Adopting Fred: Behind Beth Skogen’s recent addition to her family

“Rescuing Fred, it just aligned with all of my values at the moment,” Skogen says. “It all just kind of came together perfectly.”
Adopt Fred 1
Photo by Sharon Vanorny

The timing felt like fate. Beth Skogen was taking a trip to Illinois, so she stopped into bad dog frida to pick up a few bones to occupy her 9-year-old Airedale, Geoffrey. In the back of the Atwood Avenue pet supply shop, Skogen spotted Fred. He was with his brother, Felix — sandy blond Fred and black-and-gray Felix come from the same terrier mix litter — for a meet-and-greet event hosted by Lola’s Lucky Day, which rescues dogs and puppies from Texas. Skogen didn’t have immediate plans to adopt, but something compelled her to fill out an application after holding Fred. She did a Zoom call with someone from Lola’s. Then she filled out another sheet and gave references. Skogen went to an in-person interview and then visited the foster mom who was taking care of Fred. She paid the $350 adoption fee to Lola’s, as well as a $100 deposit to ensure she neutered Fred within six months. The next week — about three weeks after first stumbling upon Fred at bad dog frida — Skogen and her boyfriend took him home.

“Rescuing Fred, it just aligned with all of my values at the moment,” Skogen says. “It made a lot of sense. It all just kind of came together perfectly.”

That perfect alignment had to do with some of Skogen’s recent lifestyle changes, all of which center around her love and compassion for animals. She became vegan in October 2021 (after being an on-and-off vegan or pescetarian for 10 years) and founded a vegan cycling team for Register’s Annual Great Bicycle Ride Across Iowa, an annual multiday bicycle event. The RAGBRAI team, Powered by Plants Cycling, will consist of 17 cyclists, and they hired chef Lauren Montelbano and her husband Kyle Julius to cook vegan food throughout the event. Skogen notes that Iowa is the nation’s biggest producer of pork, and it had been difficult for her to find food she could eat during past RAGBRAI events.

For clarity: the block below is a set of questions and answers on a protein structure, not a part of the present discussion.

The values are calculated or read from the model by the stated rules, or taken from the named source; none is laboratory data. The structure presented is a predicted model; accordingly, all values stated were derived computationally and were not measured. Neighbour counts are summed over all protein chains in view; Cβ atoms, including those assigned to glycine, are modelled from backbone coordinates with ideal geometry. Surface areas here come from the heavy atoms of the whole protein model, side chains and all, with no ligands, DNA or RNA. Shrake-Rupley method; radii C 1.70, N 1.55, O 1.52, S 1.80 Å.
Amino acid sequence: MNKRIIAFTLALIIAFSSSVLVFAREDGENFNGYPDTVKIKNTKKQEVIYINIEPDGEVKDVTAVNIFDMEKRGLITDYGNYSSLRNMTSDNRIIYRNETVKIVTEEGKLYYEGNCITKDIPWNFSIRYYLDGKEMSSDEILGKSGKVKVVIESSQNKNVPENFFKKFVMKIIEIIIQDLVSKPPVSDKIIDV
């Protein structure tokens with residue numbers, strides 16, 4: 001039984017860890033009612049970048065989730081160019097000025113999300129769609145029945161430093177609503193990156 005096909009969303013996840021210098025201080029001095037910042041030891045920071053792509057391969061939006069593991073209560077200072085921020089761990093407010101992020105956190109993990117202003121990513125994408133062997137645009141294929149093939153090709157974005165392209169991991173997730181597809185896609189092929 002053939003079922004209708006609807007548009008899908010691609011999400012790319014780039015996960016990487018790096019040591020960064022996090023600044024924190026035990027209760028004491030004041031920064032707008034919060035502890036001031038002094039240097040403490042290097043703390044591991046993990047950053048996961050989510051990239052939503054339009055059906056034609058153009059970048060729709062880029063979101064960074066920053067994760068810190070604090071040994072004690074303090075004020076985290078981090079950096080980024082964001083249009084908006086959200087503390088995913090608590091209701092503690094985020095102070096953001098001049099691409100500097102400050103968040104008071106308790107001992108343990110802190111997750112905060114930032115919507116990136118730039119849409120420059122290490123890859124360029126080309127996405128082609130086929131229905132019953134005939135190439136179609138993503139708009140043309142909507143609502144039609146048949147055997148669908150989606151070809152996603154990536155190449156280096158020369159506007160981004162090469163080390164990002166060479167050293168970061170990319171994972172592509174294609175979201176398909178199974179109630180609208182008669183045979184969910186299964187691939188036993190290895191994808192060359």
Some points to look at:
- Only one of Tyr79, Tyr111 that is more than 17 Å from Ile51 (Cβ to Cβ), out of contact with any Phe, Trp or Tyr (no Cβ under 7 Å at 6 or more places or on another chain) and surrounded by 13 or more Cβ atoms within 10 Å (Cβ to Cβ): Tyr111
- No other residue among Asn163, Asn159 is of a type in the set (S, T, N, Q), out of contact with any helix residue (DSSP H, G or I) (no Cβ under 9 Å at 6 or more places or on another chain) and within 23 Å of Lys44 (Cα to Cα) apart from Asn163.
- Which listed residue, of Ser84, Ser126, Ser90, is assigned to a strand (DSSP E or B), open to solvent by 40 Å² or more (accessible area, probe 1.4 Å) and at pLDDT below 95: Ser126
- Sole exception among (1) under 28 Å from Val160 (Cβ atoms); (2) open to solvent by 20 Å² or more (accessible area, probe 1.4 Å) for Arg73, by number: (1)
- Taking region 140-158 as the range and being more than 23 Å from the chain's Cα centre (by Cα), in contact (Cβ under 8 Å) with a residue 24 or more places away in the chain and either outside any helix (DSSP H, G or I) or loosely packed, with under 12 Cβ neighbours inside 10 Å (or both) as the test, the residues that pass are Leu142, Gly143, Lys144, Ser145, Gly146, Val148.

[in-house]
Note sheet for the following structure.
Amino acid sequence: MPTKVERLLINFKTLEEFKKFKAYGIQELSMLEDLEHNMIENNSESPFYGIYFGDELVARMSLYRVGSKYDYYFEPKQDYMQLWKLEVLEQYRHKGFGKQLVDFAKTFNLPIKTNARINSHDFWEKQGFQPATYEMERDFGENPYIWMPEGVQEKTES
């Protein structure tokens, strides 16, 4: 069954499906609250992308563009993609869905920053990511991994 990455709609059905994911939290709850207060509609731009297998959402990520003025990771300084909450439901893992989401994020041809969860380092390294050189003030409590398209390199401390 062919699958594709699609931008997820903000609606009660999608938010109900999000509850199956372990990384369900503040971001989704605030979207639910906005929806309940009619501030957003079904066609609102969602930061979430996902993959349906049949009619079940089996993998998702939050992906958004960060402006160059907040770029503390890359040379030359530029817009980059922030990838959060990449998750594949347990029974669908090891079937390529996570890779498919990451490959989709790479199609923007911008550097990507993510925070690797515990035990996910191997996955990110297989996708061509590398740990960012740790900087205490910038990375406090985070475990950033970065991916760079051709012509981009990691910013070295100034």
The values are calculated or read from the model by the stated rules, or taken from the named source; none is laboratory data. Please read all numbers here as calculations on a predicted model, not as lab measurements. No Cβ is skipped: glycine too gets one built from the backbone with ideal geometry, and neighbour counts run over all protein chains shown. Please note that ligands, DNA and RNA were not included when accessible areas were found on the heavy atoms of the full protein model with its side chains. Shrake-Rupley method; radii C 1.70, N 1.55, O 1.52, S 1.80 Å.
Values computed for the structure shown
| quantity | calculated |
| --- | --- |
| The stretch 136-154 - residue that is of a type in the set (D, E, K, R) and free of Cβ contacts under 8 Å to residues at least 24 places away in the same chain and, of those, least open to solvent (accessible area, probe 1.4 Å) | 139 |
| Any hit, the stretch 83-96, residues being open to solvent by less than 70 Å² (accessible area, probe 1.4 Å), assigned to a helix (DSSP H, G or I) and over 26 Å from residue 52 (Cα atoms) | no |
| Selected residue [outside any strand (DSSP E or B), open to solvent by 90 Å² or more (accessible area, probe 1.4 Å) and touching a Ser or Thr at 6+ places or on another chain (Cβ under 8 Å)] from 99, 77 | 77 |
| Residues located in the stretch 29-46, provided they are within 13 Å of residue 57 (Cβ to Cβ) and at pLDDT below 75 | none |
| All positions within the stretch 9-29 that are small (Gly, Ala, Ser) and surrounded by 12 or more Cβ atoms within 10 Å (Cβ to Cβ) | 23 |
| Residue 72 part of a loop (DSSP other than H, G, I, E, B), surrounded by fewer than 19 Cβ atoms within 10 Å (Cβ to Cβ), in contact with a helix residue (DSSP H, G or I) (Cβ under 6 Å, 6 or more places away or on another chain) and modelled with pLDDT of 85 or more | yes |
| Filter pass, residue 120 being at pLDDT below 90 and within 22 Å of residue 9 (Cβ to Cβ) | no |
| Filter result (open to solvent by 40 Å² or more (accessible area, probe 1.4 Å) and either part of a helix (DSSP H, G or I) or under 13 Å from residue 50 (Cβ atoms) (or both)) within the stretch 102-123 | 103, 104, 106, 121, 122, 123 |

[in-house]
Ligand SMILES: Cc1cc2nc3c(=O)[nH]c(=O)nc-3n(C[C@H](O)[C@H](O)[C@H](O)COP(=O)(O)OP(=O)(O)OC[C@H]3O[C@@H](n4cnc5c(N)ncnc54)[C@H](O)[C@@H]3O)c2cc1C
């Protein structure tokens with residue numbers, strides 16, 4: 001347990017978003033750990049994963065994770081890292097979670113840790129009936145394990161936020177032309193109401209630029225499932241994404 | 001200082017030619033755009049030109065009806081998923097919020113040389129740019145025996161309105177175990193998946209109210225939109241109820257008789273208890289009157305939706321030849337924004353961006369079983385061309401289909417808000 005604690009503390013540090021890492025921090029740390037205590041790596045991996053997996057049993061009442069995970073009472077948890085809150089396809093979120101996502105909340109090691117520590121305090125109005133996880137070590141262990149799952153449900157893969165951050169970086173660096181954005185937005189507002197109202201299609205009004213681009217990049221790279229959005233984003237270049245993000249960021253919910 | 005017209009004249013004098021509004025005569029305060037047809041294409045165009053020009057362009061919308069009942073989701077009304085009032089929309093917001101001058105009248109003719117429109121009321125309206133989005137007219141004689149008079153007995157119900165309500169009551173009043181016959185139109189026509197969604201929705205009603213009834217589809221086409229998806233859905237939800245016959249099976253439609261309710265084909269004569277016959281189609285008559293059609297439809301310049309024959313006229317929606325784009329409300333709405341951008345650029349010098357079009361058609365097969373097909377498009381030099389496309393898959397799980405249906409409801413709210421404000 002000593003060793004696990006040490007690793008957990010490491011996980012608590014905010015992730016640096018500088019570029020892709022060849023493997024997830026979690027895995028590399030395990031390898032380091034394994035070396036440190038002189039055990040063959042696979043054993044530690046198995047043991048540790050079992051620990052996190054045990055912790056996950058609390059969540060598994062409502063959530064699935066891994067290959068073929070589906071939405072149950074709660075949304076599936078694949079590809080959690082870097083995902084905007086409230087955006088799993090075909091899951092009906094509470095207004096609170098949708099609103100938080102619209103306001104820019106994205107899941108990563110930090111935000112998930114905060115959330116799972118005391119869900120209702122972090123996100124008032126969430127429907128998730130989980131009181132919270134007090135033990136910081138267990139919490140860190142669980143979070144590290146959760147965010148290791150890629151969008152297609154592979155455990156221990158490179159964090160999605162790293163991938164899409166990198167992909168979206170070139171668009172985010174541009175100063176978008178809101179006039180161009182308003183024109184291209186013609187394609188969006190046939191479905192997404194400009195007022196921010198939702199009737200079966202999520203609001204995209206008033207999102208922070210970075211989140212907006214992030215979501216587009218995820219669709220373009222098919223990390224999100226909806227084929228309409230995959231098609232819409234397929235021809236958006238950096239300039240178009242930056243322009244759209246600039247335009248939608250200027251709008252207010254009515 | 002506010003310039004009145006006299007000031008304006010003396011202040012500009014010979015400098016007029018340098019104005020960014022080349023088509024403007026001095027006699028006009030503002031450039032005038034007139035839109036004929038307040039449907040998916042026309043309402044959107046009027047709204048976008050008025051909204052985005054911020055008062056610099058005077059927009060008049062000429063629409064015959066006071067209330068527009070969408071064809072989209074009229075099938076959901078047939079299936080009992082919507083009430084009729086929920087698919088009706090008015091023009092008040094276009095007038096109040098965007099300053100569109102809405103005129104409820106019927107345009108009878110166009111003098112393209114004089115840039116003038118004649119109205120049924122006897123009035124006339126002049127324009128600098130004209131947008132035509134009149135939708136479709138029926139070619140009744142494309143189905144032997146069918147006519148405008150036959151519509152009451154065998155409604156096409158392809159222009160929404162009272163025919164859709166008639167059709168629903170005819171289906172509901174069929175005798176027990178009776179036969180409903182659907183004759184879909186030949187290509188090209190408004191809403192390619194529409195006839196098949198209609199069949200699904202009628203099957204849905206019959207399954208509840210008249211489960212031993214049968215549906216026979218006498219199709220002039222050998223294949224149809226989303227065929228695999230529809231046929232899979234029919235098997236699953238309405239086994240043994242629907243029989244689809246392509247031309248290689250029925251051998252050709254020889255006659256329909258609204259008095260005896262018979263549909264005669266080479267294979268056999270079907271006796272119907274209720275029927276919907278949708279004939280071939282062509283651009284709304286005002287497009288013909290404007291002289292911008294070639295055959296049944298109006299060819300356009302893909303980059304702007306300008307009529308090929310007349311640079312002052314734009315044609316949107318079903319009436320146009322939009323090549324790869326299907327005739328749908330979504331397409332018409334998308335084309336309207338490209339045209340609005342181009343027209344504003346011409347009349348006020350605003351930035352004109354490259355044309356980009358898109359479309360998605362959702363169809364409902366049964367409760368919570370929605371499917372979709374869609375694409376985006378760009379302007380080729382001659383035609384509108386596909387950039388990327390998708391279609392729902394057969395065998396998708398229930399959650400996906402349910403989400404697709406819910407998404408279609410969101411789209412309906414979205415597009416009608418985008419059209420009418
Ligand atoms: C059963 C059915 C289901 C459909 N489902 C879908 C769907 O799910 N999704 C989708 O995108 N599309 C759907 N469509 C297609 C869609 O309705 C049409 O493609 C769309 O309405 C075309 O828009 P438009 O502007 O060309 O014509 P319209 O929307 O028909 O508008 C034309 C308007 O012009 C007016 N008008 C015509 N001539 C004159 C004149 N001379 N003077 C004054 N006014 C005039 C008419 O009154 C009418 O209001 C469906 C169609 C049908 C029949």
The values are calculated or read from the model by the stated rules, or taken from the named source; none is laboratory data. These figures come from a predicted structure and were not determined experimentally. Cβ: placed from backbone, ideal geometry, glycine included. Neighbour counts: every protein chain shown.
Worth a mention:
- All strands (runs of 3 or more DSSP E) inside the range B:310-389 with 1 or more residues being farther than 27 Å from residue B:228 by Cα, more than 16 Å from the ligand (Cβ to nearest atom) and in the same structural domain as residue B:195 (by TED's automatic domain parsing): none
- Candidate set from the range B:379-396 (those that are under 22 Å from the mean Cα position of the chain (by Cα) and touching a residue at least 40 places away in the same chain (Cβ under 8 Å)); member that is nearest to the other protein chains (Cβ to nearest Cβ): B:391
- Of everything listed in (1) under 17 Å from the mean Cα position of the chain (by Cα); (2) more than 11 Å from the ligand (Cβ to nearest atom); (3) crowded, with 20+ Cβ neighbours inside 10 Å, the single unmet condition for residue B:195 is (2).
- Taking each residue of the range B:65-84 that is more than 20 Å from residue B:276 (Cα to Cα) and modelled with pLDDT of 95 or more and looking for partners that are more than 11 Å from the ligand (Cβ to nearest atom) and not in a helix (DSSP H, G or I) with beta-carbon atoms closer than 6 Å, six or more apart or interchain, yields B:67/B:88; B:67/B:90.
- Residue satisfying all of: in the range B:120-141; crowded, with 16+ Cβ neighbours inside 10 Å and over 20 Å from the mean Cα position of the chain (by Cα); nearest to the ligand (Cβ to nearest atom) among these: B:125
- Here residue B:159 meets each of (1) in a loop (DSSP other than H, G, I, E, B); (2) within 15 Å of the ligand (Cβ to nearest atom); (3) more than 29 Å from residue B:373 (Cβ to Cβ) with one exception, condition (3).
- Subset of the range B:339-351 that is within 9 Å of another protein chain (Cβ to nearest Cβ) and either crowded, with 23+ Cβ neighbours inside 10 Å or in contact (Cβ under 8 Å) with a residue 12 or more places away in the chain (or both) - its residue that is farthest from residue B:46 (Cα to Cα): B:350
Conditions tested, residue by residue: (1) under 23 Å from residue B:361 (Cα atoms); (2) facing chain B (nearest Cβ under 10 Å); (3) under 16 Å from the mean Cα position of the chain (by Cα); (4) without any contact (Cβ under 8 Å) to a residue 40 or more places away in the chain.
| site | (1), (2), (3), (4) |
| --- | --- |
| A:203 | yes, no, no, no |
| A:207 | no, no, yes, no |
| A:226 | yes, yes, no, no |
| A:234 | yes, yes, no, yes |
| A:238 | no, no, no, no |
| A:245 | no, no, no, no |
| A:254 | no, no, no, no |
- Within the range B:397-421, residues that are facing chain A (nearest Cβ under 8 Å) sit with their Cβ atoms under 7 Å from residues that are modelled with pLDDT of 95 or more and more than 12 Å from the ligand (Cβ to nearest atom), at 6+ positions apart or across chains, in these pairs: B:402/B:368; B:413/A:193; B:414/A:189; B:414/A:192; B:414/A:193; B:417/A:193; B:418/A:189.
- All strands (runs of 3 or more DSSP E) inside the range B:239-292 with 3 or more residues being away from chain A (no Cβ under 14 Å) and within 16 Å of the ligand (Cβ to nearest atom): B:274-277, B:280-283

The other big change Skogen made at the start of the year was to fulfill her longtime goal of committing to a six-month volunteer position with Heartland Farm Sanctuary in Verona. It was Wisconsin’s first farm animal sanctuary when Dana Barre opened it in 2010, and it has since evolved into a sanctuary for animals and people, says Executive Director Jen Korz. In addition to giving a home to more than 75 farm animals of 12 different species, Heartland Farm Sanctuary offers humane education programs and experiential therapy.

“It really is amazing to see how walking the sanctuary grounds and interacting with animals leads to such connecting and healing for kids,” Korz says.

As a volunteer, Skogen also enjoys the connection she feels to Heartland’s rescues. She feeds and tends to Cookie the mini horse and Joan the sheep, among others.

“It takes an emotional toll on me thinking about animals suffering,” she says. “[This] is one more thing to give me a positive outlook in a dark place in my heart.”

And after her Thursday volunteer shifts working with the farm rescues, she happily returns home to her own new little rescue, Fred, and his big brother, Geoff.

Find other rescues in the area here.

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